Darker soil marks the site of the Neolithic House

Wessex Archaeology

Wessex Archaeology

Wessex Archaeology

The Bronze Age

Hunting continued to be important at the be- ginning of the metal age. An unusual find dating to about 4,000 years ago was a cache of 8 flint arrowheads buried in a pit with some flint tools and a leather-working tool made of bronze. These show that stone and metal tools were used together.

Around 3,500 years ago, in the middle of the Bronze Age, the landscape was changed dra- matically as large field systems were set out. The size of the excavations allows us to see the scale of these changes. These fields mark the beginning of the modern landscape.

Flint arrowheads

There are also many water holes showing that in some years animals grazed the fields. The burials of a dozen animals were found, almost all cattle.

Remains of barley and emmer wheat that had been threshed and winnowed show what was grown in the fields. Although no houses/buildings have been found, finds of stone querns used to grind the corn and clay crucibles used to melt the copper for metal objects, suggest a farm stood close by.

A large, elegant, bronze pin had been used to pin the cloak of a Bronze Age farmer.

A cattle burial Scale (0.5 metre)

Bronze Age pot

Bronze pin

Archaeologists excavating part of the Bronze Age field system

Barley, one of the crops grown during the Bronze Age in the area of Horton

one of the crops grown during the Bronze Age in the area of Horton Burial, perhaps

Burial, perhaps of Bronze Age date

Wessex Archaeology

one of the crops grown during the Bronze Age in the area of Horton Burial, perhaps

Iron Age and Roman

There are fewer finds from the end of the Bronze Age and Iron Age. This shows that the area was not used as intensively. But some cir- cular houses have been found and they are as large as a modern semi-detached. They would have had conical, thatched, roofs. Grain was stored near to some houses in small square buildings raised on stilts.

Activity increased again in the Roman times, about 1,700 years ago. The ditches around Iron Age fields were cleaned out and new fields were set out. Some houses continued to be circular but clay roof tiles will have come from a building in the Roman style.

The tiles were found along with a lot of other objects in one area. This suggests that a large farm stood near by.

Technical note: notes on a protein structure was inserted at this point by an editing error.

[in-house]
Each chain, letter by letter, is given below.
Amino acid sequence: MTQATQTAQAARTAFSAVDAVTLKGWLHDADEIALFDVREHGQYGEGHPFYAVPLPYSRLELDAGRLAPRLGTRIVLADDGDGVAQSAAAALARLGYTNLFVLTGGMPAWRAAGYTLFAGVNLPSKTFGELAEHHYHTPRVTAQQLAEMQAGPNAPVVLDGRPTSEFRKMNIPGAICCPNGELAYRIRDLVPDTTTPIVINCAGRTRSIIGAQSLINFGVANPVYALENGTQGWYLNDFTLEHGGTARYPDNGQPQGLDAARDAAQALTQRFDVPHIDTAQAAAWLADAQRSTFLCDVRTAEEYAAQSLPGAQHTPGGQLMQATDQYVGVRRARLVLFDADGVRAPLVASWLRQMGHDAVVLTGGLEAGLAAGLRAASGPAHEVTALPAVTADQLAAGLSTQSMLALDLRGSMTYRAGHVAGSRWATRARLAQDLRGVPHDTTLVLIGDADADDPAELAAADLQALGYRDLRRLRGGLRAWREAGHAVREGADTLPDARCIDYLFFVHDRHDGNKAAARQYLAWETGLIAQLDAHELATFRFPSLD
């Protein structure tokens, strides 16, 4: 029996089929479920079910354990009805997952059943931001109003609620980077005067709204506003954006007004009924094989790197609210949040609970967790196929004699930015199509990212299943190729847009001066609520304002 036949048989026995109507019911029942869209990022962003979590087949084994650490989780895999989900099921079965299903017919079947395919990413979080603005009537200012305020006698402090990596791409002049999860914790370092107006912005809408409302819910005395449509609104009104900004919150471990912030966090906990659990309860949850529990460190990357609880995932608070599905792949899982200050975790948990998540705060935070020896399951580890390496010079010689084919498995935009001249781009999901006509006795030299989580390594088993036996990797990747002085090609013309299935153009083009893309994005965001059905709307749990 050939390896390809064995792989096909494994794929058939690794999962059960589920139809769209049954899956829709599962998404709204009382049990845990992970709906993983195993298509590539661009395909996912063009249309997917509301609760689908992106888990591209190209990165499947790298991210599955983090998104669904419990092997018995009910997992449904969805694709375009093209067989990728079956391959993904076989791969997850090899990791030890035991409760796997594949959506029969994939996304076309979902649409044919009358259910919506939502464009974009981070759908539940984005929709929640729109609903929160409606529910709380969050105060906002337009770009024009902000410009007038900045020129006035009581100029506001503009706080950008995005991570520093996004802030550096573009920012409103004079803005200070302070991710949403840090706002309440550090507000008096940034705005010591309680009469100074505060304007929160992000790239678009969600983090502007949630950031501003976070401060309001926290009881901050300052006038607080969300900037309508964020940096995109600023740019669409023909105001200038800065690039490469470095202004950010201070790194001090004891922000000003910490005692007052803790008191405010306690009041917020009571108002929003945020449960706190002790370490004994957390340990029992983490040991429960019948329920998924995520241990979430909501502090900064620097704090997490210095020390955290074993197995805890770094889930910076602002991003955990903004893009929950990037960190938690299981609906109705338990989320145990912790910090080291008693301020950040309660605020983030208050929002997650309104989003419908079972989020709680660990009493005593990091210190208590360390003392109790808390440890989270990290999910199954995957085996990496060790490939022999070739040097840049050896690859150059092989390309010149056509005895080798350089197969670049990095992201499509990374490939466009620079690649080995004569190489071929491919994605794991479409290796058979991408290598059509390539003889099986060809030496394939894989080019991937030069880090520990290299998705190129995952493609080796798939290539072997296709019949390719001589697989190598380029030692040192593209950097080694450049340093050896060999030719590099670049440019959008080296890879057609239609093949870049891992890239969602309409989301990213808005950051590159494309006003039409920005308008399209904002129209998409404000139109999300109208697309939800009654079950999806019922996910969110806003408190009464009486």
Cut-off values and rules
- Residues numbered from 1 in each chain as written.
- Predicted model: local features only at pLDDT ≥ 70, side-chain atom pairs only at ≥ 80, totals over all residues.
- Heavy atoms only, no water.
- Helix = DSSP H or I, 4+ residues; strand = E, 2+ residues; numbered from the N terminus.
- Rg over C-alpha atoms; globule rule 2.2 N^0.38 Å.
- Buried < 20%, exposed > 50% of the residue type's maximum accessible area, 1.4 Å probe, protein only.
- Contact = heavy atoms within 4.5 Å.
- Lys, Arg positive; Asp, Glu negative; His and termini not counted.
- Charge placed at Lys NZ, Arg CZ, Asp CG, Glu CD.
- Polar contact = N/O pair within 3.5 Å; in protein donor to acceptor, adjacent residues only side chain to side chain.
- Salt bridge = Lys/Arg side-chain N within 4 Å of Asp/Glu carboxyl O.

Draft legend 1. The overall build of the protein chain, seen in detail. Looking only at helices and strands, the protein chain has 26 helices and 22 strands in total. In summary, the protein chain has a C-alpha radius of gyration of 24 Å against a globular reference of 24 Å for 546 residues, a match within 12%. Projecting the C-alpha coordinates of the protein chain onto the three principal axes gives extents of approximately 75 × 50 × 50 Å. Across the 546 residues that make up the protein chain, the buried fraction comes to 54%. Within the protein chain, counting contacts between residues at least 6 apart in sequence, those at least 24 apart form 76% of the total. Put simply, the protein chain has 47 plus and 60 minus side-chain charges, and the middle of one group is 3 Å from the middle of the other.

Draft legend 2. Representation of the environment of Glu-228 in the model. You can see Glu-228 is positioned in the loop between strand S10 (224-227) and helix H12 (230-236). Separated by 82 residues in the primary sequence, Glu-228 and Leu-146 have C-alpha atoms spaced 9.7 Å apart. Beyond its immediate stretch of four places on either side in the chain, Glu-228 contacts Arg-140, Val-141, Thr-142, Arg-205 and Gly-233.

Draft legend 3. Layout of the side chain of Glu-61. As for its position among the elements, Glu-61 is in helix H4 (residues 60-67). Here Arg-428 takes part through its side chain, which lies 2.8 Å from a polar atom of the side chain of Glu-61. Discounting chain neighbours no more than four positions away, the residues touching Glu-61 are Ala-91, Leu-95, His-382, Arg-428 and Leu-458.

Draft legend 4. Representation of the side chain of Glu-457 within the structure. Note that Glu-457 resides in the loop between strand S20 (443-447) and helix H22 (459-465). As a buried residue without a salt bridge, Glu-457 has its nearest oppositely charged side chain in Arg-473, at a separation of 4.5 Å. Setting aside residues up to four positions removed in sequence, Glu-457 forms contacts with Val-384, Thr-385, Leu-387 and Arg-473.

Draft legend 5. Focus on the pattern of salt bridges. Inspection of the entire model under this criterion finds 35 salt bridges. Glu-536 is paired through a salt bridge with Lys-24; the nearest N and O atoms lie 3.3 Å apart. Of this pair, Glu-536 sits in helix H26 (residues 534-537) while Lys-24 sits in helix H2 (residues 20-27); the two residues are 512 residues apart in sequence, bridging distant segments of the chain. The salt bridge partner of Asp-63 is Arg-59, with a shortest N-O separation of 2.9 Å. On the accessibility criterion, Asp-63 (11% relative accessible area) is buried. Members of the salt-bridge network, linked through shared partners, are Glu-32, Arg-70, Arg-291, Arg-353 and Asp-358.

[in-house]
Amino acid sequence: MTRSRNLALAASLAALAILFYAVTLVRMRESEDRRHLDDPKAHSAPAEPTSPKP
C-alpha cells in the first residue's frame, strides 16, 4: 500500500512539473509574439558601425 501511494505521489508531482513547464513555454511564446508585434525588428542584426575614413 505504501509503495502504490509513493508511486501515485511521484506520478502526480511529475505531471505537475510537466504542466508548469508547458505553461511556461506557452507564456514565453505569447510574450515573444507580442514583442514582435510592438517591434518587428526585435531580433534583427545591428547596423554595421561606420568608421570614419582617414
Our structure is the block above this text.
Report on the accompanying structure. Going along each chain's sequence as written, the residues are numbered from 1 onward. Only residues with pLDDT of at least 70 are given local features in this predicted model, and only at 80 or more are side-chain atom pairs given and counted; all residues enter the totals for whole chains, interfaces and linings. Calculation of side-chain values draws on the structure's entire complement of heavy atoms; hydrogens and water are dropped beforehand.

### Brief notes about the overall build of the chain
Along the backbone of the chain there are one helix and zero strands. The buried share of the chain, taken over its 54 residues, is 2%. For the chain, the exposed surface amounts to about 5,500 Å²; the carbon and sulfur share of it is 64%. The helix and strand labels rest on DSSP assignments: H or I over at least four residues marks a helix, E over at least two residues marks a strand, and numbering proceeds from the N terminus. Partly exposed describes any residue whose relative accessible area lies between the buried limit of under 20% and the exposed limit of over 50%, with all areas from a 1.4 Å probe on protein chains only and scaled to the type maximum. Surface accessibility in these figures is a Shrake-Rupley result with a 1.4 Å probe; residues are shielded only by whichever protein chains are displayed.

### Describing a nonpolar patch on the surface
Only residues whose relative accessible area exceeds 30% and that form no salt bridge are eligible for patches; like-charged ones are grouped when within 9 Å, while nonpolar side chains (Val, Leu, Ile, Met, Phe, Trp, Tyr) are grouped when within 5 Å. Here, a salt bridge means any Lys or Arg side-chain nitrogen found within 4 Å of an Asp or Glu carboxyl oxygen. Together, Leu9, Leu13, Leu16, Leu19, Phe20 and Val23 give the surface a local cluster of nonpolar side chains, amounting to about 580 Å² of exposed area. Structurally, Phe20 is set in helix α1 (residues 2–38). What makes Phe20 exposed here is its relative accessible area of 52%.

Artistic impression of an Iron Age roundhouse in Berkshire

Entrance

0

5

10m

Part of the Horton site showing the location of an Iron Age roundhouse

Modern reconstruction of an Iron Age roundhouse

Roman leather shoe

Part of a Roman safety pin style brooch

Glass bead

Roman pottery imported from Gaul (France)

shoe Part of a Roman safety pin style brooch Glass bead Roman pottery imported from Gaul

Wessex Archaeology

shoe Part of a Roman safety pin style brooch Glass bead Roman pottery imported from Gaul

A Changing Landscape

After the Romans

There are almost no finds from the Anglo- Saxon and medieval period. This may be be- cause settlements from this time lie beneath modern ones. Instead of new farms being built at new places in the landscape, hamlets and villages grew up.

Horton Manor lies to the west of the quarry and it owned much of the surrounding land. Unlike earlier times, the landscape was not divided into fields. The low lying land was mainly used for grazing animals.

A Changing Landscape

The landscape around Horton has changed many times over the years. The first people came to Horton at the end of the Ice Age when Britain was not an island. Old river channels show that the Colne Brook has changed its course many times.

Today, planes fly overhead and the landscape is changing but when the quarrying for gravel is done, the quarry will be filled in and in time used for farming again.

quarry will be filled in and in time used for farming again. Excavation boundary 1881 Ordnance

Excavation boundary

1881 Ordnance Survey Map showing the location of Horton Manor

The present day CEMEX processing plant with Heathrow’s new Terminal 5 visible in the distance.

Wessex Archaeology

Wessex Archaeology

Wessex Archaeology